I ran this command: get trytofind.jpg
I ran a few commands on it, that didn’t produce much for me.
Those commands were: file / exiftool / strings / binwalk.
They all indicated it was an image, nothing more.
So in my local machine where I have that image file, I ran: ls -la
And that image file looked VERY large, so there is something in it for SURE, time to find out what’s in there.
I ended up using Steghide on it.
I ran this command: steghide extract –sf trytofind.jpg
It asked for a passphrase, dang it. I don’t have one, but this does tell me that there is something in this image. I make a note of my findings on this port, and that I need a passphrase for this image.

Port 22: SSH.
From experience, I know that you need a username and password, or a username and an ssh key to be able to use this, and since I don’t have either, I just made a note that this port is open, and once I find a username I can come back to it.

Directory Enumeration.
Let me see what other directories are out there, maybe one of them will have more information for me.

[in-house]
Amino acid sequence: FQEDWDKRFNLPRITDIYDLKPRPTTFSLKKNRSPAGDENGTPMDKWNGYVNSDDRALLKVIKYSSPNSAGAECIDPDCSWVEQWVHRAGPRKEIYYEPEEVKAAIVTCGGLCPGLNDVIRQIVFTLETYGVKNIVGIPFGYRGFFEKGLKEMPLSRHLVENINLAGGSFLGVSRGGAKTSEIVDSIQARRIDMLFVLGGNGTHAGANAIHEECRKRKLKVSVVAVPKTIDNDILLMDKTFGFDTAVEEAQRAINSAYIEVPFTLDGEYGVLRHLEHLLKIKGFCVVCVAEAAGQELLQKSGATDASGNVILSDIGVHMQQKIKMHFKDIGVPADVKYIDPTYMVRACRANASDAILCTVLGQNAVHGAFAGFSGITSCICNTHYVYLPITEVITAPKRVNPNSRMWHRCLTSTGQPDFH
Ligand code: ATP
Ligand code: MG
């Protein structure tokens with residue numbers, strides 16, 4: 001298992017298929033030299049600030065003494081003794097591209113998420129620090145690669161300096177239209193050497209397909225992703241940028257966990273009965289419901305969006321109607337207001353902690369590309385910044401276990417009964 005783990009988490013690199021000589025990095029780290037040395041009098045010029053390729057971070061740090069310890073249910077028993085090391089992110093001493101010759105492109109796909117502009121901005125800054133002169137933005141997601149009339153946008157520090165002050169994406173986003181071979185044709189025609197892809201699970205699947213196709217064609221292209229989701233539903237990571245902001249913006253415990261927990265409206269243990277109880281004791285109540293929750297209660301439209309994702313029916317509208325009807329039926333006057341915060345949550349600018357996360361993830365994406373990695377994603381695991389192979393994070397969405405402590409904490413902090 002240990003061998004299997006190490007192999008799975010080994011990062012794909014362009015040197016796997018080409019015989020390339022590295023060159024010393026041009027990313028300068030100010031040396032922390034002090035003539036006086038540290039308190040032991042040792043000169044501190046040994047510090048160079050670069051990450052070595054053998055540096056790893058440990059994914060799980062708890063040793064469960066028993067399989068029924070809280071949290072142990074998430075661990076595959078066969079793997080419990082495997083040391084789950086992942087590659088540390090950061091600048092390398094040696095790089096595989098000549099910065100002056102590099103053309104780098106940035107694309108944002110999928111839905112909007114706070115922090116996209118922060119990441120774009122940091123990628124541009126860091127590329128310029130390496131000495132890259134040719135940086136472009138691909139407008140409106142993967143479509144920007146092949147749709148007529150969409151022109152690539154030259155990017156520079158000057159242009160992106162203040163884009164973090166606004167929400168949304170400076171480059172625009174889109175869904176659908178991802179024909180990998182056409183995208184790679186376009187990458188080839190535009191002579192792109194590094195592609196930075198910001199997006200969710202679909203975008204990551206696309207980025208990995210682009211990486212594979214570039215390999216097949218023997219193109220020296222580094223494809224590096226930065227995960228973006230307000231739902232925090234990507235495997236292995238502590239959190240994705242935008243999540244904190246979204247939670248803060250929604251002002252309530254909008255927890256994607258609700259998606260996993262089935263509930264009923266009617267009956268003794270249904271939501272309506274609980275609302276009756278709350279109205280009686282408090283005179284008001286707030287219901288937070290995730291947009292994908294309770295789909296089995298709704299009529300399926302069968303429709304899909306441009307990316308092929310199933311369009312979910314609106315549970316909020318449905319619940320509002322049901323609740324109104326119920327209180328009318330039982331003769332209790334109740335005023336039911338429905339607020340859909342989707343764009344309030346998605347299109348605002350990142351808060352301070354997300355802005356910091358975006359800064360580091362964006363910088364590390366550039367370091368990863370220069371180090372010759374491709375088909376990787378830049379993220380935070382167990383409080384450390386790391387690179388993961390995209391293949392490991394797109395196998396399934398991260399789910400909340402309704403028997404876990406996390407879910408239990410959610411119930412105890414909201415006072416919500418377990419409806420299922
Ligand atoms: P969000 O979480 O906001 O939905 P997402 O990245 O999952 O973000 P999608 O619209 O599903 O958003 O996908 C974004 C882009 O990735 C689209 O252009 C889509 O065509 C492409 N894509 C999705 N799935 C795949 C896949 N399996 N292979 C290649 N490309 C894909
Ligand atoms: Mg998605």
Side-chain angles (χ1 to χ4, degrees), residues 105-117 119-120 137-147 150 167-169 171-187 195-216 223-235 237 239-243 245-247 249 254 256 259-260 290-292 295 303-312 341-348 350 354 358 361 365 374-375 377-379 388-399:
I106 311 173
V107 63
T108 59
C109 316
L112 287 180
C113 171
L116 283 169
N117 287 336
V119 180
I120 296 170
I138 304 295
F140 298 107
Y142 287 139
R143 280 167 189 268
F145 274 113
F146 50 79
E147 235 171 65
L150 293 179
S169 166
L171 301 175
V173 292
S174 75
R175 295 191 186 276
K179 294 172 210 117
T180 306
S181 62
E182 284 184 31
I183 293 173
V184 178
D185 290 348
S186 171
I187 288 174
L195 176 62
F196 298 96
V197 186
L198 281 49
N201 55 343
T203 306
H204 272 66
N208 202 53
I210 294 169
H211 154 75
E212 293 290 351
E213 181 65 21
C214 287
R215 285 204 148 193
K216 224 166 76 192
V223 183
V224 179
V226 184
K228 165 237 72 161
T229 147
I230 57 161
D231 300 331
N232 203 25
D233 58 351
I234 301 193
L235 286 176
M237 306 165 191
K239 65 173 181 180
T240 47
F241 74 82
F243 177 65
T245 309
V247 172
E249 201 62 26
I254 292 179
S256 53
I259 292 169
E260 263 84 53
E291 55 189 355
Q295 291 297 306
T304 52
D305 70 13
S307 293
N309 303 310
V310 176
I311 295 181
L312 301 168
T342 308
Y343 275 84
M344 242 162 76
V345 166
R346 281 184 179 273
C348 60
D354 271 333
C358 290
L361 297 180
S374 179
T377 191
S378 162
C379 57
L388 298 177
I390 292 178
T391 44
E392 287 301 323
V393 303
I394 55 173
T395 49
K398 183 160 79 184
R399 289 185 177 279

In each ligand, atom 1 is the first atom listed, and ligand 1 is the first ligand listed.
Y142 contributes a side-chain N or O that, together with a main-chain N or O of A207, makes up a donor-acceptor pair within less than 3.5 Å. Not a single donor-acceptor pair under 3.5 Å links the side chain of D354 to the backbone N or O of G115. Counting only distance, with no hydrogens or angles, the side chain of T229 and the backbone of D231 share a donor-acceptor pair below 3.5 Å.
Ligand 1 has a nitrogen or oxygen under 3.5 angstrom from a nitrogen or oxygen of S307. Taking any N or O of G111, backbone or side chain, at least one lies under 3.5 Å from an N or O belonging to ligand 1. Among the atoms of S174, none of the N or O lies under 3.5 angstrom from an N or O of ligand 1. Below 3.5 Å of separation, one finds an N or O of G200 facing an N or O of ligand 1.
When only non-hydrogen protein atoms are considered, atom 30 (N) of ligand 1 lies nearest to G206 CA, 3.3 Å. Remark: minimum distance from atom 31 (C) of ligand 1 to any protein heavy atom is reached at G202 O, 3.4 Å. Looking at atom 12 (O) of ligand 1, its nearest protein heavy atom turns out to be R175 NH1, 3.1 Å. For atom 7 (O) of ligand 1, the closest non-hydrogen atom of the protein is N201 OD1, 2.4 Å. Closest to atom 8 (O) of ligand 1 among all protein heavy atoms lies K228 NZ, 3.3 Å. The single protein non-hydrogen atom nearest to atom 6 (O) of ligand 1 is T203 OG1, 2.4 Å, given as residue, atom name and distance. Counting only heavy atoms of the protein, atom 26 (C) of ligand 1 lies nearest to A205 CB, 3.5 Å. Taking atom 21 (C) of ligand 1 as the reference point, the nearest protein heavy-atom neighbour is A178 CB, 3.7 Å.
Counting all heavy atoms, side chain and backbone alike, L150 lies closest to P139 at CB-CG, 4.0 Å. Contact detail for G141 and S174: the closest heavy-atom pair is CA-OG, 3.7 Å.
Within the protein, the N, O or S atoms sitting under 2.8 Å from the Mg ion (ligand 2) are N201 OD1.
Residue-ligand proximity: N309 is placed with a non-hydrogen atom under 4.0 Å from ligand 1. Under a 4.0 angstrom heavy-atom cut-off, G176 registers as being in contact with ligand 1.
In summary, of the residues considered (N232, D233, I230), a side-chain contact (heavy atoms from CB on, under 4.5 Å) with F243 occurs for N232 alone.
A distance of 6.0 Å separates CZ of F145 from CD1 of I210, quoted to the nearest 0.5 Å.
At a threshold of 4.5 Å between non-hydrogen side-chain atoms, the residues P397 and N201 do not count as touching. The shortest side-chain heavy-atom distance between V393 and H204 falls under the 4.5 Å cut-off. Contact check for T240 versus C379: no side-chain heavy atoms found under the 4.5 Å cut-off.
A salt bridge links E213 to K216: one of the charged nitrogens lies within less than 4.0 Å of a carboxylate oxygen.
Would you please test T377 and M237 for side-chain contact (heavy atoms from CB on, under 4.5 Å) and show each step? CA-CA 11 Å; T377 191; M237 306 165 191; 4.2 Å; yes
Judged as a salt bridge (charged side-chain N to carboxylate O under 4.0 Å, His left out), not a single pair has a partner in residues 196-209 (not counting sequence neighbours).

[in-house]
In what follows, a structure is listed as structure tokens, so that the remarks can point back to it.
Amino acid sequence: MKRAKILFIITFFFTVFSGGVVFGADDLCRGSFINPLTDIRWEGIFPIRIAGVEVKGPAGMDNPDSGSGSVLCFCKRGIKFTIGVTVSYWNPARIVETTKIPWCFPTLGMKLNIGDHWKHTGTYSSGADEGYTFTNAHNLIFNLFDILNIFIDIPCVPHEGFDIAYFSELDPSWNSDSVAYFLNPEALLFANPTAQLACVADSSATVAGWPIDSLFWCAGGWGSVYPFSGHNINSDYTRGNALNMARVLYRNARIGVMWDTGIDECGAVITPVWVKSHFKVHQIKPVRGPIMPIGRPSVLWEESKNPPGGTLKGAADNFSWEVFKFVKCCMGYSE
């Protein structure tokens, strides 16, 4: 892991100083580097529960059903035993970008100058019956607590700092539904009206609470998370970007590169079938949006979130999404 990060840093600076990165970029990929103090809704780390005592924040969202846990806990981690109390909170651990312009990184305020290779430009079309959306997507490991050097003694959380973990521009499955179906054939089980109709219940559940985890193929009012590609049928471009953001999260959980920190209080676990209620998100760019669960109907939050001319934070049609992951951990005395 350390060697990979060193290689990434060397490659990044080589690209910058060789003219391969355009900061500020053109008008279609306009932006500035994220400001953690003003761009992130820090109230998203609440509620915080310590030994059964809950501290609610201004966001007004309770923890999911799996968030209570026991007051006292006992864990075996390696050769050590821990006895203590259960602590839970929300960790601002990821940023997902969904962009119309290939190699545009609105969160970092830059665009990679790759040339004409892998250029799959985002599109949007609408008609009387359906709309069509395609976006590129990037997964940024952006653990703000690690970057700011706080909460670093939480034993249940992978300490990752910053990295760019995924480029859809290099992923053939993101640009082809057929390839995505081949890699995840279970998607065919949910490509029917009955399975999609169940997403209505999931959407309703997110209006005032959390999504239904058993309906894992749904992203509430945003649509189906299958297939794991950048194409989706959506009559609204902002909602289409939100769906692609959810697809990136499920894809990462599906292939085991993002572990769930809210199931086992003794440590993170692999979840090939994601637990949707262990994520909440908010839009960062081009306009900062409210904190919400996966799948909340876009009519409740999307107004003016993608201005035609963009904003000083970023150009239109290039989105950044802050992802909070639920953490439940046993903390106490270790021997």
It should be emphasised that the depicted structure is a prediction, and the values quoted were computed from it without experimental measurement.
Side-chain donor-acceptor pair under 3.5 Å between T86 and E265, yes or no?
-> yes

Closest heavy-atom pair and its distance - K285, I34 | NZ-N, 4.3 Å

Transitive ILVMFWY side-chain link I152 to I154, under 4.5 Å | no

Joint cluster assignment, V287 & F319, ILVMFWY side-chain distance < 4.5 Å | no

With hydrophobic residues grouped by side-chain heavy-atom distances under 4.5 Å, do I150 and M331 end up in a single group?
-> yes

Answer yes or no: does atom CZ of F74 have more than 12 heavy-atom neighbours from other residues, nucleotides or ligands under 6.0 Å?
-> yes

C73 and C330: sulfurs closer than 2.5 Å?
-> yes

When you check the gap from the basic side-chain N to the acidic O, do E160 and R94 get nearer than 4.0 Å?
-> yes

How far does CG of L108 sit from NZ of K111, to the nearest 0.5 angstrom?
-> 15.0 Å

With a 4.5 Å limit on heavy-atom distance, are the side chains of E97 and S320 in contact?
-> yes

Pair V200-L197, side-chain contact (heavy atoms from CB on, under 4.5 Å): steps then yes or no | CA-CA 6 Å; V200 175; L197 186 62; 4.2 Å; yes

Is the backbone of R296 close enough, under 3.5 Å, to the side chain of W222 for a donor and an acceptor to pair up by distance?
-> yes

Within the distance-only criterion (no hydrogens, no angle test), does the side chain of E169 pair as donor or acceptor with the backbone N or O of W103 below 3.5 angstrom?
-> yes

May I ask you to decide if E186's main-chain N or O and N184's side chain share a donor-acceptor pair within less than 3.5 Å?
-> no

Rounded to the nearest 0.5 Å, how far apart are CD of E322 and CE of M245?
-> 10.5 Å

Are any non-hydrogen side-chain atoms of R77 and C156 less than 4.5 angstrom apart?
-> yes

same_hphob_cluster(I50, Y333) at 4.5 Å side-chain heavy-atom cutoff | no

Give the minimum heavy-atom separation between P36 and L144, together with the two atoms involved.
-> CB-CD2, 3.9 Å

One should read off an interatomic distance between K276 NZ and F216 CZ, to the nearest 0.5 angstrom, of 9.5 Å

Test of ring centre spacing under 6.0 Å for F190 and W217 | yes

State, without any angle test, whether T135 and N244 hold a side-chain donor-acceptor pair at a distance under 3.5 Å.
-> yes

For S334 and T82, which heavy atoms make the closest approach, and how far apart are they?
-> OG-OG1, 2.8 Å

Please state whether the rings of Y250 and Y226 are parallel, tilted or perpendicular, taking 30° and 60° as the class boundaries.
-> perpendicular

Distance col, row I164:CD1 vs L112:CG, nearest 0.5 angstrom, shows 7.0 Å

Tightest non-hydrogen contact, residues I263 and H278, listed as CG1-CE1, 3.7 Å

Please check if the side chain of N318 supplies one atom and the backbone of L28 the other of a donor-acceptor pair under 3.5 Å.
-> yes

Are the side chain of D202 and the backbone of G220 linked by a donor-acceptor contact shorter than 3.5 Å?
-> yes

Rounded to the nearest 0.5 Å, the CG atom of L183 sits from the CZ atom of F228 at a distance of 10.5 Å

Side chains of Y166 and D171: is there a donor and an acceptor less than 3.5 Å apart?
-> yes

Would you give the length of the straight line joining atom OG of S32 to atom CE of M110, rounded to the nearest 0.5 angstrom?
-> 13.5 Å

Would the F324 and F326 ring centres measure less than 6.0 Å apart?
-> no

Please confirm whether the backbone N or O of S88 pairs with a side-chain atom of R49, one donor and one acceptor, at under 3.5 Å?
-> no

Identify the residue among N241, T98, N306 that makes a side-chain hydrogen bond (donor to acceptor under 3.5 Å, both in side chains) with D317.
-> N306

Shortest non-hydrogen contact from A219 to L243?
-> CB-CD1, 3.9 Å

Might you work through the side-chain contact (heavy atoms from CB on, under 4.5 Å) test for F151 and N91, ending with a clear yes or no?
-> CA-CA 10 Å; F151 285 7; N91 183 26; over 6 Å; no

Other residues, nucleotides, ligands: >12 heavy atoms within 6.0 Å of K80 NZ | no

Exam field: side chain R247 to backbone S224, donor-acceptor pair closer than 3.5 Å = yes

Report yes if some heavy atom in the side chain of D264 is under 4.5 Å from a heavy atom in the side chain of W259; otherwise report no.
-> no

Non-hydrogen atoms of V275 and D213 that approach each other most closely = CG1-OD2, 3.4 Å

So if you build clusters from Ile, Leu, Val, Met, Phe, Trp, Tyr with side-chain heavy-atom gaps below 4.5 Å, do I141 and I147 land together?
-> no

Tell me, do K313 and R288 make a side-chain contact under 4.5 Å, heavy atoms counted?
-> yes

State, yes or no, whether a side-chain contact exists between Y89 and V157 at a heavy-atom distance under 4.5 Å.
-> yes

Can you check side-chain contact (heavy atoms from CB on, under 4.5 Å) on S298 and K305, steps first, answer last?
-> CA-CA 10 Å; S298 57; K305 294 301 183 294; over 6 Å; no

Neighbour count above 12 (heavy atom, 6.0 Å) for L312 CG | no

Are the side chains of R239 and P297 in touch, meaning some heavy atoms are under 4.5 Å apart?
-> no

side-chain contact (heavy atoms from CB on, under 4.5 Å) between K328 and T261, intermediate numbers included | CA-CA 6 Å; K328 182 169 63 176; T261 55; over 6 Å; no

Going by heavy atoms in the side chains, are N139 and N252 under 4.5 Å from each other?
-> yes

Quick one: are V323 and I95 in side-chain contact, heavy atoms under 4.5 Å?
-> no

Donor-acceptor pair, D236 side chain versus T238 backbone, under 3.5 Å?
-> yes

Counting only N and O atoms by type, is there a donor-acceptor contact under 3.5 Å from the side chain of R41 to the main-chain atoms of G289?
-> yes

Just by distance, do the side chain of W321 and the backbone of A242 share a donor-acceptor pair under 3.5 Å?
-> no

You will notice that I always port the results to a text file, that is just how I like to do it, that way I can come back to the information whenever I want without needing to keep that terminal window open, or re-running the command if that terminal is closed by accident.

2. Nikto.
I ran this command: nikto –h VM-IP > nikto_results.txt
But that didn’t reveal anything for me.
One thing I’ve learned is that different tools that do the same thing, can sometimes find different things, so its good practice to try the same enumeration using different tools.

3. GoBuster.
I rant his command: gobuster dir -w /usr/share/wordlists/dirbuster/directory-list-2.3-medium.txt -u http://<VM-IP> > goBust_results.txt
This found a couple of directories.
/blogs (Status: 301).
/server-status (Status: 403).
You know how when you go to a page that isn’t working, and it says “404 Page Not Found”? Well I learned that any page that gives you a status in the 400s, will most likely not work, based on that I decided to not go to the “/server-status” page.